6 months ago
MZANSI MIGHT FACE LOAD SHEDDING THIS WINTER!
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The possibility of load shedding by Eskom in South Africa this winter is larger than the Day Zero water crisis that engulfed Cape Town until last month, independent energy expert Ted Blom told Fin24 on Wednesday.

Eskom, however, told Parliament in April that South Africa's electricity grid is "stable" as the country heads into the winter months when electricity usage rises.

Blom said Cape Town's Day Zero was avoided by people starting to save water ahead of time. Eskom, on the other hand, only sent out tenders for emergency coal supplies last week after permission was obtained from National Treasury.

Although Eskom's new board is trying to follow compliance in the process, Blom claims the power utility's management should have foreseen six months ago already that there would be a problem with enough coal supplies for the winter electricity spike.

Apart from his own knowledge of the industry, said Blom, his claims are substantiated by reliable sources at Eskom.

"Chances are more than 50% that there will be load shedding this winter. Where is Eskom going to find coal? Coal does not just fall out of heaven. You have to mine it. You need skilled miners and equipment for that," he said.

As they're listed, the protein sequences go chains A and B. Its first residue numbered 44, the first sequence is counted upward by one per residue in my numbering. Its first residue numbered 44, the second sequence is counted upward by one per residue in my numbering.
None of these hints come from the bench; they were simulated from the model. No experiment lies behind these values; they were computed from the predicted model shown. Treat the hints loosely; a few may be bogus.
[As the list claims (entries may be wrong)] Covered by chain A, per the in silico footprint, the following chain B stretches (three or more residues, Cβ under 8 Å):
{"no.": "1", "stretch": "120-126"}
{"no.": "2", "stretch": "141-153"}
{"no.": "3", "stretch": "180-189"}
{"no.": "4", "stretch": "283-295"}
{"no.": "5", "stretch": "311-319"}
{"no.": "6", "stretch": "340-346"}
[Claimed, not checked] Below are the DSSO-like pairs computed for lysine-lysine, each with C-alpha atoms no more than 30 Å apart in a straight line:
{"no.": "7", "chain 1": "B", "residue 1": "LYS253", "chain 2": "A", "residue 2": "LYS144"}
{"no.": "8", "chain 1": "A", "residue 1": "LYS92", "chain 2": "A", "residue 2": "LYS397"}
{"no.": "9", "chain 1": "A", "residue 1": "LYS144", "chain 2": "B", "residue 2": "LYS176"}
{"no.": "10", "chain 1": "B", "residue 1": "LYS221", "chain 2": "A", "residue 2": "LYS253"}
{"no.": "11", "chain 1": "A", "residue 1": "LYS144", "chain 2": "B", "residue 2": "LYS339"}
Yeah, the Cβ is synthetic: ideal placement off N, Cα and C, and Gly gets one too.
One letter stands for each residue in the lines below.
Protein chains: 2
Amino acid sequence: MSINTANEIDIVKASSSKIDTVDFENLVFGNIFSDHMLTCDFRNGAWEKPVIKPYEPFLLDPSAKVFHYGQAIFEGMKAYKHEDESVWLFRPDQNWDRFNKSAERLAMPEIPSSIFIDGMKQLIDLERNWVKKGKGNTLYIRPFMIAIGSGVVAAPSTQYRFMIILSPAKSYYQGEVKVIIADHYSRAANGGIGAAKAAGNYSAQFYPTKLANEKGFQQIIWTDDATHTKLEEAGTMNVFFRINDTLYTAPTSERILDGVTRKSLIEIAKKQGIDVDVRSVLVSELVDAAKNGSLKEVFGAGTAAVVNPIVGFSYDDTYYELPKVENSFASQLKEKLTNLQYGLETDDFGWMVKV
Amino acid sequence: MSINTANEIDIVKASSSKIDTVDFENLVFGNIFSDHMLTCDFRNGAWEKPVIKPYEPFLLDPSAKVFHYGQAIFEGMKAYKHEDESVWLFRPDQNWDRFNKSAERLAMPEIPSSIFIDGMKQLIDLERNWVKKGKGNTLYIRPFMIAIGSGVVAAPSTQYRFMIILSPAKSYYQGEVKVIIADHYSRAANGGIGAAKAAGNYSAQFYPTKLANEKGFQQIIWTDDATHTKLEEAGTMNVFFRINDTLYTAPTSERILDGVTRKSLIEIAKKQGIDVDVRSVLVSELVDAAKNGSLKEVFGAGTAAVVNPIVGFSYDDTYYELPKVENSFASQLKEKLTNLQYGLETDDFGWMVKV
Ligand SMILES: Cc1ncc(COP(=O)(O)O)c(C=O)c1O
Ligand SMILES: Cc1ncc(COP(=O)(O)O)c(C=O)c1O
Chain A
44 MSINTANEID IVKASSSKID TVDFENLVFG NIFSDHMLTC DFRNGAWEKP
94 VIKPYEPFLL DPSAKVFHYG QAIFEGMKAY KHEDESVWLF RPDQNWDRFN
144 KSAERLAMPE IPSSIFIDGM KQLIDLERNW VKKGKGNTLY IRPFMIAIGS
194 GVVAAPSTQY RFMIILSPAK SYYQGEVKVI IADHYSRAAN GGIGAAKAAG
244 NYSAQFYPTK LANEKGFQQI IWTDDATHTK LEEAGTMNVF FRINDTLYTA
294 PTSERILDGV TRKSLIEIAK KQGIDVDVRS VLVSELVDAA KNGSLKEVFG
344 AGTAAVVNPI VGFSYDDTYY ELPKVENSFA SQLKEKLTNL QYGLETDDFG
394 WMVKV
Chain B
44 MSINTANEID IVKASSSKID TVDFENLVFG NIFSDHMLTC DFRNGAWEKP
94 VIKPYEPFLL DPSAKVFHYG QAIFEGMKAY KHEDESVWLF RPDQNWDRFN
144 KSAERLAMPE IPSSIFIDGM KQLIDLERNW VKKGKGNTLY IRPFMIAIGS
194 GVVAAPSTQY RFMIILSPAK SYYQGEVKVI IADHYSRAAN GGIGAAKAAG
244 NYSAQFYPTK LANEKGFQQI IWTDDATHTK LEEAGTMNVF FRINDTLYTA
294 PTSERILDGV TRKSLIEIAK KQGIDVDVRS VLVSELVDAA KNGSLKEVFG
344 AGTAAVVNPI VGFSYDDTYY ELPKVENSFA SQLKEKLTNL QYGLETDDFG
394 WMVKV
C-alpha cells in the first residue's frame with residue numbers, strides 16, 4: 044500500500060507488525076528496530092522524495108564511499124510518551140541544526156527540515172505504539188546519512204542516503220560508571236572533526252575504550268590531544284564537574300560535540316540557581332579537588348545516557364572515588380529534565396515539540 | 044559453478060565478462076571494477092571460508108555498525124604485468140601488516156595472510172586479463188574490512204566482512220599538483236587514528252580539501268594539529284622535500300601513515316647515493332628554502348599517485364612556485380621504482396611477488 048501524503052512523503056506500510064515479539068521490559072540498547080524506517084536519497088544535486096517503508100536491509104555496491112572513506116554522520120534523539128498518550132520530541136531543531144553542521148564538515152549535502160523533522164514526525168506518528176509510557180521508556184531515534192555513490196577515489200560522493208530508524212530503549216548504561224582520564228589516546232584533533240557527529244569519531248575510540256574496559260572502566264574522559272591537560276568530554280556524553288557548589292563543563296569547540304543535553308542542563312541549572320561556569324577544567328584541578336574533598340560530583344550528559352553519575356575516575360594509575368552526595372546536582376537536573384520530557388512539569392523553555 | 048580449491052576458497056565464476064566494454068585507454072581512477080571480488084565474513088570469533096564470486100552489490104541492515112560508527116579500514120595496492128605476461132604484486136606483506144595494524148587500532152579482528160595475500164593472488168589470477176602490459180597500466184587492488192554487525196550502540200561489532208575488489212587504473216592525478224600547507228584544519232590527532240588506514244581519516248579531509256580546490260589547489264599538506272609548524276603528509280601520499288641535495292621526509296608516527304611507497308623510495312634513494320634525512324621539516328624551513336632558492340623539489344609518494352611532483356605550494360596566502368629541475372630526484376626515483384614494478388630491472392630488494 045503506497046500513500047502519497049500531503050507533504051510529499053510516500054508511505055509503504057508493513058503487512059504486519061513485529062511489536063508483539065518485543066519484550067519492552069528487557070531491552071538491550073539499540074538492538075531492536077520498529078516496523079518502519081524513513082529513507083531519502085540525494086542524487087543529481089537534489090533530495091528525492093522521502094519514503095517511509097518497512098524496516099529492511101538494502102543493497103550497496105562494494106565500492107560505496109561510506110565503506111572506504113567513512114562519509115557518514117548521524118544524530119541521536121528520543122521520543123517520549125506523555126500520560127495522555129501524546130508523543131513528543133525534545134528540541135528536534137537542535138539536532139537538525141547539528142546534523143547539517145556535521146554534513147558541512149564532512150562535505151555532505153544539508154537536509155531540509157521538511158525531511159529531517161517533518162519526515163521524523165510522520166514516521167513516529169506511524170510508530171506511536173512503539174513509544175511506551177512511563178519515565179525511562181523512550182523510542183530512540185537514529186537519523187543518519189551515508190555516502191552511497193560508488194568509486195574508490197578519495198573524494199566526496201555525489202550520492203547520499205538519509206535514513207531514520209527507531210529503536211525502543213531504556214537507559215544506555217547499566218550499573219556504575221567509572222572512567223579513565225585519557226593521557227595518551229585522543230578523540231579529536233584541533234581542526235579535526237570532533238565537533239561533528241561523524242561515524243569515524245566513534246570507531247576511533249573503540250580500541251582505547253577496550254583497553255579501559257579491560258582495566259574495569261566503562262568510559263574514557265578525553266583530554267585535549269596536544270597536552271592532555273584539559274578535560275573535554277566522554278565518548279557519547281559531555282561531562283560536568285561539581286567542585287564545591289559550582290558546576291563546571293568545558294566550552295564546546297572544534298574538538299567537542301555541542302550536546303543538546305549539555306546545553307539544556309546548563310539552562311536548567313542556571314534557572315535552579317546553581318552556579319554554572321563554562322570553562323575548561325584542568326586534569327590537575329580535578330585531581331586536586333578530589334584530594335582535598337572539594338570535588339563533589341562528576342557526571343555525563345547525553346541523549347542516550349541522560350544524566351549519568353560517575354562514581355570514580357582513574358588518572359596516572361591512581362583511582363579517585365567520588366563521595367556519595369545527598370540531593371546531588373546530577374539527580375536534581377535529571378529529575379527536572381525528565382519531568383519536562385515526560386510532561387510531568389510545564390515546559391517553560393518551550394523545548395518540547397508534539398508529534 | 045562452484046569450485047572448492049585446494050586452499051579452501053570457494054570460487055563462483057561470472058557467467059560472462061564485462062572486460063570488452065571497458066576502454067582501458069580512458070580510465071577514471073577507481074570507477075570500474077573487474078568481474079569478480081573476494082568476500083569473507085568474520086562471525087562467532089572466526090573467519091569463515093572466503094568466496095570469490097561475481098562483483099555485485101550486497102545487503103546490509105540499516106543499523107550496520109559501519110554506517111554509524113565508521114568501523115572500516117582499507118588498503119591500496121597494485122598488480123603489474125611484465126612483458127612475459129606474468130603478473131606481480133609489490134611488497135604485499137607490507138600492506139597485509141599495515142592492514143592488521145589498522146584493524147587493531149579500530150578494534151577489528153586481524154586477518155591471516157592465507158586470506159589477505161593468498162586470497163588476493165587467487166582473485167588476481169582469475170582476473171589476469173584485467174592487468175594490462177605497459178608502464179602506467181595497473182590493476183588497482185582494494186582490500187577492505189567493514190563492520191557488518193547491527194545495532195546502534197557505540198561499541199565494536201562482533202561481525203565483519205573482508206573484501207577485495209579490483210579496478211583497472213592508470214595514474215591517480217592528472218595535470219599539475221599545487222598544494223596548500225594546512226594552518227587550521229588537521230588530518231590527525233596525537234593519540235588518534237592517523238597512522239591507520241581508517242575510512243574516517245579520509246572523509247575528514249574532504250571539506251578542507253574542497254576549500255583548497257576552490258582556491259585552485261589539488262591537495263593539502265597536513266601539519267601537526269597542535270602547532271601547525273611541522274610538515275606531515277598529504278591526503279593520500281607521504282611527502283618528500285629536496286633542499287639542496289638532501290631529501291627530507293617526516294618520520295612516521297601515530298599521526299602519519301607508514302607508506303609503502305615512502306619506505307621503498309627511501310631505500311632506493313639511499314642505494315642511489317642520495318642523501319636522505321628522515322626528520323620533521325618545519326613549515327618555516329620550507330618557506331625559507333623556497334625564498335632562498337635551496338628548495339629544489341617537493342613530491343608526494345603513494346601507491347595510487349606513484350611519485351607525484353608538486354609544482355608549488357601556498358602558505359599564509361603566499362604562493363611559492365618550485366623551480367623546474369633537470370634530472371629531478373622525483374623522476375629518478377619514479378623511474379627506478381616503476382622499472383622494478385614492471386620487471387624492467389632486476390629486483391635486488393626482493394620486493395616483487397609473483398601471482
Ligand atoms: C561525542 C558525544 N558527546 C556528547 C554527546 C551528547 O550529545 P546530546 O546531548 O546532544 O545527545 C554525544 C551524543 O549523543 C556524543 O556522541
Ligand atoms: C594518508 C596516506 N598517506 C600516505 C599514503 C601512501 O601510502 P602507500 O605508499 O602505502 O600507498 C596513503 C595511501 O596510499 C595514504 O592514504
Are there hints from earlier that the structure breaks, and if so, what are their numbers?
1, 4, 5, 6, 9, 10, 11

He suspects Eskom has a coal shortfall of about a million tonnes per month and is of the view that, even when all is in place to obtain more coal supplies, it will take three to five months to catch up on the backlog - in other words, during the winter period.

Eskom issued a statement in April indicating that seven of its power stations’ coal stockpile levels stood at 20 days, below the required target.

Eskom told Parliament's portfolio committee on public enterprises that the coal supply issues are made worse by the fact that Tegeta is in business rescue.

It also told Parliament in April that it has plans in place to manage its primary energy resources and achieve healthy stockpiles across its power stations.

"Eskom has already admitted that it is between 3 and 5 million tonnes of coal short. That is more than half of its stockpiles," said Blom.

"Eskom's board now consists of a lovely bunch of new guys, but they don't know anything about the electricity industry. At least half of Eskom's board should consist of people with knowledge of electricity generation and coal mining.

"Electricity is crucial for South Africa's economy and diesel has already been used for generation since January at a rate of more than R1bn per month."

In Blom's view, South Africa's energy sector needs a major revamp in which regulation loopholes are closed.

"If Cyril (Ramaphosa) is serious, he should upgrade energy generation regulations and avoid rogue behaviour in the industry," said Blom.

In his view, energy needs to be declared a basic industrial input factor and every measure taken to keep it as cheap as possible.

 SOURCE: NEWS24

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